Benjamin Disraeli, Queen Victoria's favourite prime minister, was, in the words of Robert Blake, 'the best letter-writer among English statesmen.' This, the latest volume in the critically acclaimed Letters of Benjamin Disraeli series, contains or describes 951 letters (784 previously unpublished) written by Disraeli between 1852 and 1856. These years cover his first cabinet post, as chancellor of the exchequer, his attempts as House leader to unify the Conservative party, and his opposition to the Crimean War, both in the House and in his newspaper, The Press. Included are significant runs of correspondence, such as 63 letters (34 previously unpublished) to the 14th Earl of Derby, and 75 letters (none previously published) to Lord Stanley, the future 15th Earl of Derby, as well as more personal ones, such as 59 letters to the eccentric Mrs Brydges Willyams, the 'female Croesus' who offered Disraeli a substantial legacy. These illuminate anew both his public and private life, and show the strength of his resolve to reshape party policies to suit the age of industrialism and free trade.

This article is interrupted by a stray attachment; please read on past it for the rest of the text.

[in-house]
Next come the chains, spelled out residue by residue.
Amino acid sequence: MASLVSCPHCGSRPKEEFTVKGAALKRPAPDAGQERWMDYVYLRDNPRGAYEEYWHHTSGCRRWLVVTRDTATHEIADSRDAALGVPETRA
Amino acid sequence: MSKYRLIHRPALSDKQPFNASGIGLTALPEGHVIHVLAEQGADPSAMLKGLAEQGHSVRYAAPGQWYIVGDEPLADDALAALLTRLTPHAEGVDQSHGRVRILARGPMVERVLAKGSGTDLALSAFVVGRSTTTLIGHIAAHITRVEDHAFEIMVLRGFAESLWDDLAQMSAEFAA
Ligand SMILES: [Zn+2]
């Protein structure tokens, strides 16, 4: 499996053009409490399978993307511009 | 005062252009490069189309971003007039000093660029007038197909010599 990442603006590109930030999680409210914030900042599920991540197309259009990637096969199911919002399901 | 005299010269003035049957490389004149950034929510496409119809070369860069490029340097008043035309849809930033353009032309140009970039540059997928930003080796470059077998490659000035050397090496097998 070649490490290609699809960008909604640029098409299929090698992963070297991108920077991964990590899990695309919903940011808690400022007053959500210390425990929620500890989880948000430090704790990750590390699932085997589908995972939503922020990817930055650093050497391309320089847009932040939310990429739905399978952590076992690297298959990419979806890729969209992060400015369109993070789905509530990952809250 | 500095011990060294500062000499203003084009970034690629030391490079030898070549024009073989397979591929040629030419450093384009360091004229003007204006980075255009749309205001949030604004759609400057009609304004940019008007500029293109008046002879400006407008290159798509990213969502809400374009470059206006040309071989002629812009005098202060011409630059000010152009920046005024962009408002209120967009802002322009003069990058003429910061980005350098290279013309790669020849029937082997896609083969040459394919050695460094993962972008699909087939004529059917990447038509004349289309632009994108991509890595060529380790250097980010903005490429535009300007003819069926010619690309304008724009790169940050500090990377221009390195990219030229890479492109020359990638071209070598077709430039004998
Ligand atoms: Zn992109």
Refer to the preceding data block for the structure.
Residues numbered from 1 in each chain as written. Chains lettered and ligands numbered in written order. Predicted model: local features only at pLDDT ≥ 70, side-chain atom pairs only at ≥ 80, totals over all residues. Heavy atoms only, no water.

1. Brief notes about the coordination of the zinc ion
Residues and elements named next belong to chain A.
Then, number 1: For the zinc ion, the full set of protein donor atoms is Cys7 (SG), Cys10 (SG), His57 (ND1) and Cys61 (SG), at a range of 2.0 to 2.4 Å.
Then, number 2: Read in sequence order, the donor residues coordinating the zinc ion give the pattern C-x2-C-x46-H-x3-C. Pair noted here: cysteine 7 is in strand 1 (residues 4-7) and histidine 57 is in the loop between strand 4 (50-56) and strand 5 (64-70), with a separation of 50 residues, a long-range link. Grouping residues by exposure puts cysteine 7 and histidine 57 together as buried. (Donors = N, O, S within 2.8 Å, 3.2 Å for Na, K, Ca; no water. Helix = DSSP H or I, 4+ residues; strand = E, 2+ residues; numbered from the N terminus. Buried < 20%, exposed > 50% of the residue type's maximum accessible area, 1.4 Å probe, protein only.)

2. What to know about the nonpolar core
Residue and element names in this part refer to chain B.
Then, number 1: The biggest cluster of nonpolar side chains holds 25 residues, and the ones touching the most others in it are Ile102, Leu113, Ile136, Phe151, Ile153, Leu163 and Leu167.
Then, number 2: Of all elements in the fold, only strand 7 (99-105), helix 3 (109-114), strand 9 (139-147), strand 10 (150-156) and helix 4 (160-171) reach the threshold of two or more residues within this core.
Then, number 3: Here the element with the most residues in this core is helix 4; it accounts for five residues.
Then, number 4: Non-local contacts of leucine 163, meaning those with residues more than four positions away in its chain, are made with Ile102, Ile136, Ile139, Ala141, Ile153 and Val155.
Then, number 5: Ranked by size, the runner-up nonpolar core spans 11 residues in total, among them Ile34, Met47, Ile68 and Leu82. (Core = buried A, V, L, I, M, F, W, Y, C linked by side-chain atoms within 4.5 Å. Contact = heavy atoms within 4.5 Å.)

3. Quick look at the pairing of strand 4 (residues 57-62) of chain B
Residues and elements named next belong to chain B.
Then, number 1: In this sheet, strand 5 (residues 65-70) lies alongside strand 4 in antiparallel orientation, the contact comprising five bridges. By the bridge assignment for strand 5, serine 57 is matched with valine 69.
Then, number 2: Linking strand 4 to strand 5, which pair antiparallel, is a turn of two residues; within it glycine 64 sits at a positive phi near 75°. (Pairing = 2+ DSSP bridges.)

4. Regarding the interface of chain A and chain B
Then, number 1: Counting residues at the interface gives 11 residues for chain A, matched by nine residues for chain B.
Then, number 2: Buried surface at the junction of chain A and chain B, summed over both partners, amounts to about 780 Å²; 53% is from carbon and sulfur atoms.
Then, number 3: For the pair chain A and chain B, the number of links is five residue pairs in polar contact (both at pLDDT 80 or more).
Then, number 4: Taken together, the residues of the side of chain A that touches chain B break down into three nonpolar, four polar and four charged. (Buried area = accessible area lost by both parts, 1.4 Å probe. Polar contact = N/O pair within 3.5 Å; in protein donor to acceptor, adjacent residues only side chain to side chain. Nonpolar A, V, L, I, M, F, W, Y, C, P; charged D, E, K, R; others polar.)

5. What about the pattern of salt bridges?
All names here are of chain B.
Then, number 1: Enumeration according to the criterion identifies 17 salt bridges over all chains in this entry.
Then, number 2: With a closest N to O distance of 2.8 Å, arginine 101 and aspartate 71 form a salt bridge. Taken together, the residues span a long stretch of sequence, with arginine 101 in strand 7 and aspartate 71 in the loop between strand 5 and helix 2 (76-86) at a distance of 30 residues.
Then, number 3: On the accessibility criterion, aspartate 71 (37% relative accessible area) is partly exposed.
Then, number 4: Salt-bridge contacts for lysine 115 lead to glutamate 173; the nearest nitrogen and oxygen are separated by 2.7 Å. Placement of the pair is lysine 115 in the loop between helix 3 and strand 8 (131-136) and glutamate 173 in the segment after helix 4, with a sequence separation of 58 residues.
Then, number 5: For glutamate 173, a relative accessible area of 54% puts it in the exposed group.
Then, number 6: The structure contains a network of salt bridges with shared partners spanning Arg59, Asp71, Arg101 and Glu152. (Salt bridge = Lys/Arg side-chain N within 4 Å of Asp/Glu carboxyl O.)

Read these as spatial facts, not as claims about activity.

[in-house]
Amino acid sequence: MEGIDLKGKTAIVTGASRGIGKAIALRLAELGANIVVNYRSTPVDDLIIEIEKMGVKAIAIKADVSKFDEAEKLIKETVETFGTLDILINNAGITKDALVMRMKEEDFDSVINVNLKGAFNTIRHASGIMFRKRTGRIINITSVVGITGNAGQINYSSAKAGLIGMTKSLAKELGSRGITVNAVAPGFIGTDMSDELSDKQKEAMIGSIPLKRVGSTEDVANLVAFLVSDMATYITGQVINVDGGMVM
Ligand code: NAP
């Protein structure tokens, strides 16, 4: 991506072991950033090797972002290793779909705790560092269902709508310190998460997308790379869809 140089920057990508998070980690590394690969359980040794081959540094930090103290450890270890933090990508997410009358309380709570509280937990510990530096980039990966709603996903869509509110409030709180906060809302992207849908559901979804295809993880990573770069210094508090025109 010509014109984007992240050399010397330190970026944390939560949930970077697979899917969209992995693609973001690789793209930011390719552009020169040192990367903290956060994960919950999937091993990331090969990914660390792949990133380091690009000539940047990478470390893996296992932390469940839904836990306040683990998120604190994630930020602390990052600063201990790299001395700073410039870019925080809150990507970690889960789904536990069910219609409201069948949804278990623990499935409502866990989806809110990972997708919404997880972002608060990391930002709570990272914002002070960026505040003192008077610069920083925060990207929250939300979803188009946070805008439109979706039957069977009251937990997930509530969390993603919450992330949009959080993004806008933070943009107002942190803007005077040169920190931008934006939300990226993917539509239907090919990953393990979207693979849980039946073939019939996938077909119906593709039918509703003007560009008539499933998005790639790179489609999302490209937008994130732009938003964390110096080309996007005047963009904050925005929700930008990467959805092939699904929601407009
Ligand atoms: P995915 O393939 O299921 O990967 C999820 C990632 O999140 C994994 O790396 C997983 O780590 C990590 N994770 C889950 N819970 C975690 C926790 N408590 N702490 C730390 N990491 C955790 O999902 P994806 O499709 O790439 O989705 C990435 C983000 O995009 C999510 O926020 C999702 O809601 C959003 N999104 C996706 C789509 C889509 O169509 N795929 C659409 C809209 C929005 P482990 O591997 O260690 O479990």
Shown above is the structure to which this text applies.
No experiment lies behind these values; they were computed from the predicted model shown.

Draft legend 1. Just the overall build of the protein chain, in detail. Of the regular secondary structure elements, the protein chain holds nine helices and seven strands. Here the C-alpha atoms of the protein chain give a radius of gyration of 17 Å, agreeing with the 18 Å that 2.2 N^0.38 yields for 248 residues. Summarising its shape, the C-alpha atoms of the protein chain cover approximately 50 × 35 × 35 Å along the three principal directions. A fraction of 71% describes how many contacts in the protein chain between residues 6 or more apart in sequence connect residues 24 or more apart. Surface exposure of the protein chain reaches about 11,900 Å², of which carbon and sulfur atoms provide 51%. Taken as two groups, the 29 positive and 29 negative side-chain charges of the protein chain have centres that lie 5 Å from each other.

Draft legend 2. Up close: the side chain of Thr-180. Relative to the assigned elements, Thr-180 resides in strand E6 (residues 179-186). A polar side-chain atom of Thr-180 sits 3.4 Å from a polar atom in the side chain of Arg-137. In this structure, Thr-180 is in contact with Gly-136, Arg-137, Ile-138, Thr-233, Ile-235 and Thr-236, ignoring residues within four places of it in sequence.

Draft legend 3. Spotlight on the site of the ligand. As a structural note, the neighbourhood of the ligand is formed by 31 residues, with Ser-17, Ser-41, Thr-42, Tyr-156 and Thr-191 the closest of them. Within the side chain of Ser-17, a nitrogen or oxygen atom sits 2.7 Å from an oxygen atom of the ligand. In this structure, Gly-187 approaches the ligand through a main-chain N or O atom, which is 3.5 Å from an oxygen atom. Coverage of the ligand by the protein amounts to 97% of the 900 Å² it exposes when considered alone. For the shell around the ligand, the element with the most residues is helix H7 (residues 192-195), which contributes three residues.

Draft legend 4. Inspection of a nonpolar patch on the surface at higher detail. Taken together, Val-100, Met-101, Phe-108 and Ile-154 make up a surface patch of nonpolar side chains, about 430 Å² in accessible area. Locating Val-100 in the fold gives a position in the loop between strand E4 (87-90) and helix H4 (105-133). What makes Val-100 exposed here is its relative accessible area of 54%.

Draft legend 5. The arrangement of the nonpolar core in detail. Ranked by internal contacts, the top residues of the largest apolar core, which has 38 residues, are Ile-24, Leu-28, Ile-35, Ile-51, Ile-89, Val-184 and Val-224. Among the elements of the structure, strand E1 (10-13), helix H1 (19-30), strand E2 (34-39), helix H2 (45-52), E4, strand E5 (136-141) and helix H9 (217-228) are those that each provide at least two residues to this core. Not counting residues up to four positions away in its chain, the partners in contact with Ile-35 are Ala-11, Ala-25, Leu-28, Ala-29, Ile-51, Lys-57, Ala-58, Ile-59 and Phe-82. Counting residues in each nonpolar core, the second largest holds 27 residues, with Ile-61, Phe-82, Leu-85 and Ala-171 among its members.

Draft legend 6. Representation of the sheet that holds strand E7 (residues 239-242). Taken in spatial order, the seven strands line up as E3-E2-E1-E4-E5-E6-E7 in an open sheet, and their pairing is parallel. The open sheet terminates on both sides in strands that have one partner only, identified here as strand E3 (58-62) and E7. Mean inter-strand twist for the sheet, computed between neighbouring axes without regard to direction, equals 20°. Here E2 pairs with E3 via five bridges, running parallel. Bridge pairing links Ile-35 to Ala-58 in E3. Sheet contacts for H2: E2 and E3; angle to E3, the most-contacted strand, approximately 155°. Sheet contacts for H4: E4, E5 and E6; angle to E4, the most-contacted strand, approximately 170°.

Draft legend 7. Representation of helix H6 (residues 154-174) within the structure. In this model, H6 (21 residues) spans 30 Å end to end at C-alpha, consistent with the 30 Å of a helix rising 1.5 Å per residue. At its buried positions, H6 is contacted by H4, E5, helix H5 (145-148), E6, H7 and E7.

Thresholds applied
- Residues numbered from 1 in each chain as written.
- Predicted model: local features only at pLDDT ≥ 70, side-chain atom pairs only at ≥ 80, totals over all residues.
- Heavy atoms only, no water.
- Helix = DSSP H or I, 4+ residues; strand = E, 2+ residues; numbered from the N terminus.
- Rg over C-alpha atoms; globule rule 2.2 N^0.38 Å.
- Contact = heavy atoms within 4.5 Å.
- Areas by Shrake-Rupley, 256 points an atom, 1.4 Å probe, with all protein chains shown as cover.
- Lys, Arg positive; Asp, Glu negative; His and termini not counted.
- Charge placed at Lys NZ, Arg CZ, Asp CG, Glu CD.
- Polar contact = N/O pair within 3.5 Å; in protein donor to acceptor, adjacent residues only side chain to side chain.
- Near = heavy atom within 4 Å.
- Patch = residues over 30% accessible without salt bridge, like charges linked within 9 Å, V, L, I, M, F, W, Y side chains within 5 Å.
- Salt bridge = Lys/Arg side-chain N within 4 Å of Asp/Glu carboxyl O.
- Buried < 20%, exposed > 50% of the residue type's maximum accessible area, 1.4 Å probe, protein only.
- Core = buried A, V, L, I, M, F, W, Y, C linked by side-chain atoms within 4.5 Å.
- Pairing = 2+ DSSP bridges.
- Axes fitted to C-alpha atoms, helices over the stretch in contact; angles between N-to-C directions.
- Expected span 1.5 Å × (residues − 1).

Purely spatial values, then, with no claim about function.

New light is also thrown on other matters, such as the supposed plagiarism in his panegyric on the Duke of Wellington. Ten appendices include full cabinet lists, Disraeli's own reminiscences of the period, and Stanley's remarkable verbatim notes of intimate conversations with Disraeli at Hughenden Manor.